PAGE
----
Principle of Prescription

Principle of Prescription


Prophylactic antimicrobial therapy should be restricted to situations in which it has been shown to be effective, or where the consequences would be disastrous.

Antimicrobials should be directed  against likely causative organisms, however it is not rational to attempt to cover all possible microbes.

Antibiotics for the purpose of prophylaxis should be administered at the time of anaesthetic induction, and to cover the period of surgery.

A second dose of antibiotic may be warranted if the operation continues beyond one half of the normal dosing interval for the agent being used.


Therapeutic Use of Antibiotics


Antibiotics should not be prescribed without discussion with the duty intensive care specialist.

The institution of empiric therapy prior to definitive bacteriological diagnosis should be based on local epidemiological data, potential pathogens and their known antimicrobial sensitivity patterns.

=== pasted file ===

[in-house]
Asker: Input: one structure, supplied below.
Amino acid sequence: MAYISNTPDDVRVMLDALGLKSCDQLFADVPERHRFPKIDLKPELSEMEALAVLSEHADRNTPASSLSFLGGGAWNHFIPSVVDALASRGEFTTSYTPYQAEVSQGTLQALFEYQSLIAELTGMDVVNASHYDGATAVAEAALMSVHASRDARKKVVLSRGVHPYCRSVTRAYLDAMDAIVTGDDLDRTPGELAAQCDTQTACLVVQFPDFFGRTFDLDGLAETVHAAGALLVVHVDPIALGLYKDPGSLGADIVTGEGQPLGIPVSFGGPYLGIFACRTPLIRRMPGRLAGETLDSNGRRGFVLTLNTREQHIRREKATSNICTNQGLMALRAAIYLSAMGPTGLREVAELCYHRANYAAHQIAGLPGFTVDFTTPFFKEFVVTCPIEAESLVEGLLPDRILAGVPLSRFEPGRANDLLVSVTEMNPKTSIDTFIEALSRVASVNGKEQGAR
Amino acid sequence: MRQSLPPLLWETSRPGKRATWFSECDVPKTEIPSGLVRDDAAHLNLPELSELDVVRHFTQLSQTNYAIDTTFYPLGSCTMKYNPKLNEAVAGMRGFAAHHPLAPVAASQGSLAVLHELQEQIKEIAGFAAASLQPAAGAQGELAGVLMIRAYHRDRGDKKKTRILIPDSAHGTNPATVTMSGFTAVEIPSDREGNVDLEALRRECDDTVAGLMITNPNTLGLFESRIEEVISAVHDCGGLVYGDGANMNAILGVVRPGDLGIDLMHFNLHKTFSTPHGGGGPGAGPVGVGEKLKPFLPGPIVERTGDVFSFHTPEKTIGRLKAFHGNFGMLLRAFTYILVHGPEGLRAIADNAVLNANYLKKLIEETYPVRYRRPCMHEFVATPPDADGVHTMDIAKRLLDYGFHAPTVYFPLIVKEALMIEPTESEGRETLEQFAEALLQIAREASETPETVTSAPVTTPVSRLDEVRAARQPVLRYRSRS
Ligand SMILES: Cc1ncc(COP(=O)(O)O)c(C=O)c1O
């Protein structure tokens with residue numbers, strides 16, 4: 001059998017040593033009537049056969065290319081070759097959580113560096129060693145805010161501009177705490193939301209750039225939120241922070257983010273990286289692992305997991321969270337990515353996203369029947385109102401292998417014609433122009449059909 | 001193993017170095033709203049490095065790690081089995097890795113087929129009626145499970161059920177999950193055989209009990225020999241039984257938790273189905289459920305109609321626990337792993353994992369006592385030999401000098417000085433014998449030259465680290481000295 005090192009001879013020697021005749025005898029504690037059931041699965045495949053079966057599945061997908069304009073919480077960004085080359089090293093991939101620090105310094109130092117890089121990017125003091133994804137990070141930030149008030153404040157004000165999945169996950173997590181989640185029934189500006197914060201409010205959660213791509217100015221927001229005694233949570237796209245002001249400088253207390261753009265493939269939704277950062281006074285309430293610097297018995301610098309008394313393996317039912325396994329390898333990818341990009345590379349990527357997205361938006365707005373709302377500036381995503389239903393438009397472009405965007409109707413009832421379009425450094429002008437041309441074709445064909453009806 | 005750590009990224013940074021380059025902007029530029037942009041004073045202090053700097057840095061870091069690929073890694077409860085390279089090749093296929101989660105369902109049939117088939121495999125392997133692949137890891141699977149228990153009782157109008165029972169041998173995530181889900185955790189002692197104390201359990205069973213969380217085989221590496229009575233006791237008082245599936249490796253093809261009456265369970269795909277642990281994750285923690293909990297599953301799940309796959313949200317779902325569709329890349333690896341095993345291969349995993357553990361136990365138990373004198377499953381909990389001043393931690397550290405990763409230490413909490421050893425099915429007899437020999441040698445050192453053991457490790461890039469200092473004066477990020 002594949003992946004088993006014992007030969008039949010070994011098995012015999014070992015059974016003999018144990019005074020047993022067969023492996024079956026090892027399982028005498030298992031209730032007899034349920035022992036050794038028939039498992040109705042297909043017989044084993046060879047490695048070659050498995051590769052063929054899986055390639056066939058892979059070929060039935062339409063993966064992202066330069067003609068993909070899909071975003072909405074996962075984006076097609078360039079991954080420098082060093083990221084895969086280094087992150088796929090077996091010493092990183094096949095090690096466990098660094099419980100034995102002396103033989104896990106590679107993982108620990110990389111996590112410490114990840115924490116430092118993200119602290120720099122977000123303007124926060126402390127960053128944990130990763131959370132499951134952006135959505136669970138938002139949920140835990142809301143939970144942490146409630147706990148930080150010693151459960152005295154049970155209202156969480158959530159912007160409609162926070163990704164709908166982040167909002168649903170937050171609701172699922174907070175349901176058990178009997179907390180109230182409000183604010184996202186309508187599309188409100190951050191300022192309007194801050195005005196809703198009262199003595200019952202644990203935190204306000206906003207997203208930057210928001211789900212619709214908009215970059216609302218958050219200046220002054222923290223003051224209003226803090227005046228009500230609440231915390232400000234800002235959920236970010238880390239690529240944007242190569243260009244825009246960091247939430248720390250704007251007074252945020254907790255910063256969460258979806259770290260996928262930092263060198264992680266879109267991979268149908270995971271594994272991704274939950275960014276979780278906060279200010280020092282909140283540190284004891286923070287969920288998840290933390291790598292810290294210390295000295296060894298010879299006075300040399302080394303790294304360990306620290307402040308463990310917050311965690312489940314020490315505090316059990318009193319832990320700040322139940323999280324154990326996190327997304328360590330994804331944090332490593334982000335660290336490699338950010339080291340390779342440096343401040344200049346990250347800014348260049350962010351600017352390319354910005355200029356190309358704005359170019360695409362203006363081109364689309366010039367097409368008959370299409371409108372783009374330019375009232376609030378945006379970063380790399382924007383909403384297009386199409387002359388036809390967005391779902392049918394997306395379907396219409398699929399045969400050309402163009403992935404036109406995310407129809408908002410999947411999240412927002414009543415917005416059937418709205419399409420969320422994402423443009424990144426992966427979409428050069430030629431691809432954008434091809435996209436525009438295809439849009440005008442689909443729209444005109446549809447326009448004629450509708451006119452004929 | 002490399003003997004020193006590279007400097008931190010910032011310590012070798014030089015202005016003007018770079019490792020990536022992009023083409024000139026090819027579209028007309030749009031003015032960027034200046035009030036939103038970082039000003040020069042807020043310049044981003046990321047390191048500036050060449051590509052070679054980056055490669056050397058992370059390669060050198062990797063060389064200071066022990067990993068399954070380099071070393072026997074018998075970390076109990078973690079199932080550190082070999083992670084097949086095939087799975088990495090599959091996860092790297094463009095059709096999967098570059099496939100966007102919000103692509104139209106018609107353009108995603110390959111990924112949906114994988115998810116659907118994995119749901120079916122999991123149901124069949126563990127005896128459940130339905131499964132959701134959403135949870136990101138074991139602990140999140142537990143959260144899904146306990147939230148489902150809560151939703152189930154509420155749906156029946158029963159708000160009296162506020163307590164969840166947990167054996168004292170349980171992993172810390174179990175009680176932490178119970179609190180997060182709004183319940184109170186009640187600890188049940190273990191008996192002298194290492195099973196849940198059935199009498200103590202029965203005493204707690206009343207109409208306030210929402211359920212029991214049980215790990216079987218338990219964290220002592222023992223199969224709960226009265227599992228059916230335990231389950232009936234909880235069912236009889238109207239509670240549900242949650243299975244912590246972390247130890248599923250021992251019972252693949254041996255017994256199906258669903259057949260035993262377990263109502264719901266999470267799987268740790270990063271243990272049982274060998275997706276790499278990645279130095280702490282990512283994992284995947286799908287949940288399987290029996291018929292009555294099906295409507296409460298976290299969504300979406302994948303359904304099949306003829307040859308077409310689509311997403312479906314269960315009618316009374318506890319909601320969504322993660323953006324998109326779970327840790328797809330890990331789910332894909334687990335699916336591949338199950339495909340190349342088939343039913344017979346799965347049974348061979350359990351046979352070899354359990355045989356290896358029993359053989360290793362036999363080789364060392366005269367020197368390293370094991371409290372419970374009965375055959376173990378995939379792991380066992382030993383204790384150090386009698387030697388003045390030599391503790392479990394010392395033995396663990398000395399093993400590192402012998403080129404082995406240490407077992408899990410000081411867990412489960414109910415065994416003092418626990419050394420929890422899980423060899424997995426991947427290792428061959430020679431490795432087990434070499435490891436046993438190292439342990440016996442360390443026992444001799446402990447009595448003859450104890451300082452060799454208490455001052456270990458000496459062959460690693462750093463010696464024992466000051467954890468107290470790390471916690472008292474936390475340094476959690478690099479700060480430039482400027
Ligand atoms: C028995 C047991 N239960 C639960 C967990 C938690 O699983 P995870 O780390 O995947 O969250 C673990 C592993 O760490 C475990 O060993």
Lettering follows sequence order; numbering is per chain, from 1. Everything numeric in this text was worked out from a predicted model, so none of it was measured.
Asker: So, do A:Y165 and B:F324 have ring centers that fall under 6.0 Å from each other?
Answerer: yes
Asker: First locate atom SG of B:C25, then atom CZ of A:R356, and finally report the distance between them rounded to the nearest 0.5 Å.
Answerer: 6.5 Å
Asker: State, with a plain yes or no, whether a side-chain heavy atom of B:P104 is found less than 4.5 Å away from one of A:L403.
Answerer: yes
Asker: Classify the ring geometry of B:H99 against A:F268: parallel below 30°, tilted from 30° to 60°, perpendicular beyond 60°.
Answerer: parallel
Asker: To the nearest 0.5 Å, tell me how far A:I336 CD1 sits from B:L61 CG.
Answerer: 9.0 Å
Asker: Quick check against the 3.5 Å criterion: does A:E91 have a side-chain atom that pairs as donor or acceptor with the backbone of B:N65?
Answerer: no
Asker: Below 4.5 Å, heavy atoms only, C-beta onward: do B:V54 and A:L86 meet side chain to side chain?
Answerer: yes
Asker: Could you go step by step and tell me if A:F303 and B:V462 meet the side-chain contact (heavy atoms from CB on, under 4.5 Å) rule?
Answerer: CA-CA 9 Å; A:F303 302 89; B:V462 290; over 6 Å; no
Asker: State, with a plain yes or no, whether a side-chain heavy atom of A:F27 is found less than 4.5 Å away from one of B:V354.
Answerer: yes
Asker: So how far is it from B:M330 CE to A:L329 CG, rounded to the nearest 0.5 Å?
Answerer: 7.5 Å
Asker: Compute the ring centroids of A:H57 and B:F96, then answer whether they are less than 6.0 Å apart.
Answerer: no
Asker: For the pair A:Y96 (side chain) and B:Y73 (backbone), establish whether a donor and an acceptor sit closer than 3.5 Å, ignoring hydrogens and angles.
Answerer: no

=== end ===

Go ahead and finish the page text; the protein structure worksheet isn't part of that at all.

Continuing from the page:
Whenever possible, samples (blood, sputum, urine or directly infected tissue) should be obtained before institution of antibiotics, however in life-threatening situations (e.g. meningitis), it may be appropriate to administer antibiotics immediately rather than delay pending culture.


Complications of Antibiotic Use

  • Drug hypersensitivity:  dermal eruptions, anaphylactoid / anaphylactic reactions

  • Drug toxicity:  idiosyncranatic (non-dose related) or dose related

      • Flucloxacillin-hepatotoxicity

      • Aminoglycoside-renal toxicity

  • Emergence of bacterial resistance

  • Selection on nosocomial colonizing organisms (and potential pathogens)

  • Pseudo membranous colitis


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Page last reviewed: 09 May 2014